You are currently browsing the category archive for the ‘Mashups’ category.
I’m working on something big. I promise.
In the meantime, I have two diversions for you. One is my gig-of-not-much-prior-notice at the Beetle Bar tonight. The second, is a trip to the edge of space with James May.
I had a killer ending to an awesome weekend.
Out of the orbital habitat and away from the Earthlets for a night out with Atomique two evenings in a row? Mind-bendingly priceless. The spawn are awesome and all, but a touch of freedom was sorely needed for all the adults of the household.
First up was a bit of foreign cuisine, in an establishment of the variety where one is very unlikely to encounter screaming children. The portions were tasty and smallish; I now tend to expect small with either fine or Japanese dining so I was neither surprised nor saddened by the size of the meals. We then wandered the city aimlessly, unable to remember what it is that people without children do when they hit the city. Courtesy of how much it sucks, we were drawn to the casino. The majority of the population of tragic-town appeared, to our casual glances, to be oversized, underaged or abnormal. One beer later it had stopped being amusing and we went home, nevertheless happy with our night out.
The next night was a friend’s birthday party, followed by me spinning a few tunes at the Beetle Bar. The party was funky and well-catered, and the Beetle Bar was packed with a posse of groovy cats Atomique and I don’t get to spend nearly enough time with lately. You know who you are, awesome folks. Big thank you to everyone who had kind words to say about my sets – and even more praise be to you who rewarded my technique on the midi controller (sigh, that just doesn’t have the same ring as ‘skills on the decks’) with a frosty beverage.
Sunday night? It was pretty special too, because I travelled through fucking time.
The in-laws had cleared out and everyone else in the house had gone to bed by 21:00. I parked myself cross-legged on the floor, game controller in hand, the house illuminated only by the glow of the TV and listened to an album while playing a brand new video game.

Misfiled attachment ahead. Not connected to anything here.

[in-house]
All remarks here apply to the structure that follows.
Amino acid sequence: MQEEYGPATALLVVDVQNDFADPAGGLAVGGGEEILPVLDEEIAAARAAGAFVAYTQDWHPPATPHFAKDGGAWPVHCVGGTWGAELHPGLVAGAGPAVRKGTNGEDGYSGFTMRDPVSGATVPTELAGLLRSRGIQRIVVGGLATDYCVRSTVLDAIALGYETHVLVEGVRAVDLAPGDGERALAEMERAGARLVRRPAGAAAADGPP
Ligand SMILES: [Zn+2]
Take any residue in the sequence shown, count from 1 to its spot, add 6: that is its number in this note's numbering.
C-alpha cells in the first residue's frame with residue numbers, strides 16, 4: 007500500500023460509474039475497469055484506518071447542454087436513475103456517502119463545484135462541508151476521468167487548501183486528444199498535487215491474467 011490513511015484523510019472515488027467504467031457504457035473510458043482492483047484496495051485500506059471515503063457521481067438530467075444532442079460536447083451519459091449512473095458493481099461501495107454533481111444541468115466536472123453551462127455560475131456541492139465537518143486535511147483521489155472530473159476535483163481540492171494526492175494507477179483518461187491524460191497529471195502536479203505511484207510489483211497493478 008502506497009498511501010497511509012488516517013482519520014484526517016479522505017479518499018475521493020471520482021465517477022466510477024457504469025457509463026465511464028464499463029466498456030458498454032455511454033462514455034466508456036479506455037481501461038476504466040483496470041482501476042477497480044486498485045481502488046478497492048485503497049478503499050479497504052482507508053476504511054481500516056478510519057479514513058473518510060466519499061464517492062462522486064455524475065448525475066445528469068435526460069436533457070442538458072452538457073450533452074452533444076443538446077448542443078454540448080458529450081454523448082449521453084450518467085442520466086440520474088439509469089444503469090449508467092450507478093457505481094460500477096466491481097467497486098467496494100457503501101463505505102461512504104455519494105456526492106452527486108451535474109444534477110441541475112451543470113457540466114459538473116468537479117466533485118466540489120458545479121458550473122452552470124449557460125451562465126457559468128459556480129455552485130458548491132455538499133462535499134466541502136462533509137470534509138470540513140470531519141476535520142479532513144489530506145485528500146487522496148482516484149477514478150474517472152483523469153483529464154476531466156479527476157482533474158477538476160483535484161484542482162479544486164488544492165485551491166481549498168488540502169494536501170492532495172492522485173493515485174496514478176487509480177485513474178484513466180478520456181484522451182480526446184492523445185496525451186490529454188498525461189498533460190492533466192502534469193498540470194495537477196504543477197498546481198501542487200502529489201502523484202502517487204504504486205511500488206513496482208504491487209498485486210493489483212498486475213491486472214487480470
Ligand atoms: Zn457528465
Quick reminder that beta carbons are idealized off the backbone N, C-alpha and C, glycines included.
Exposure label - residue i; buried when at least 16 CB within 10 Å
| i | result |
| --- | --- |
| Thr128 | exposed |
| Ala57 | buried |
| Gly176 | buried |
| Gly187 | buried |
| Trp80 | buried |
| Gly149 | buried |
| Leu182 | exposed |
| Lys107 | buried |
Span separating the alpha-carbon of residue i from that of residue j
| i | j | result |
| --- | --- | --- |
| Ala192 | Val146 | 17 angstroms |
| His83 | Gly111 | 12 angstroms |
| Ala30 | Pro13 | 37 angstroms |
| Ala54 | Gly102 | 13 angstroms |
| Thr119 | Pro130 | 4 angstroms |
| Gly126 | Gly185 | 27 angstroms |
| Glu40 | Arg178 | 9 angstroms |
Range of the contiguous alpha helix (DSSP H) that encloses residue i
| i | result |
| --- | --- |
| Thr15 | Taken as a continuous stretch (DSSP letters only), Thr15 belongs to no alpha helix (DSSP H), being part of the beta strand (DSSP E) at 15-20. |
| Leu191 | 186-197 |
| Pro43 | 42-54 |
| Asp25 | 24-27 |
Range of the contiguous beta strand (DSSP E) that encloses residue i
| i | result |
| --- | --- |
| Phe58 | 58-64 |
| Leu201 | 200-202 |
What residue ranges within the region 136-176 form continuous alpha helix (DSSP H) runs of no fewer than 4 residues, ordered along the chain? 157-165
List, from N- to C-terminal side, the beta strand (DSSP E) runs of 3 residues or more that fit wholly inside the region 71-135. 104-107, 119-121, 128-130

It was awesome.
LCD Soundsystem – Us vs Them (Go Home Productions Remix)
The album? The LCD Soundsystem tribute/mashup/remix album Sounds like Silver. The official website appears to have lapsed into oblivion, but there are still ways to get the record. The game? Forza Motorsport 3. I don’t even rank racing games high on my to-do list; it’s just been a long time since I spent an extended amount of time with a new game in one sitting. It certainly helped that the graphics in the game are staggeringly beautiful.
It was only a short visit to the past, though. I don’t see myself recreating the winter of ’95, where I played X-Com 2: Terror From the Deep an unhealthy amount and listened to The Prodigy’s Music for the Jilted Generation on repeat, so much so that both are fused into one entity in my brain. To this day, fifteen years later, the moment I hear any track from that album I have a pavlovian response and the interface from the game is momentarily superimposed over reality. I’m a sad testament to the flaws of the human brain, I know.
Still, cerebral failings aside: awesome weekend.
A big shout out to the crew members from all the ships in the fleet who came to help me celebrate my birthday over the weekend. Some ridiculously good times were had, so my space-hat is off to all of you.
Speaking of birthdays, I eyeballed April 26 over at good old Wikipedia and was pleasantly surprised to find out I share a birthday with legendary Italian producer Giorgio Moroder (unlike poor Atomique, for whom the most interesting thing about her birthday is that it is also International Stuttering Awareness Day). I’ve written about guys like Joe Meek and Bob Moog who created the technology, whereas Moroder is one of the people who took the gear and really ran with it. And how.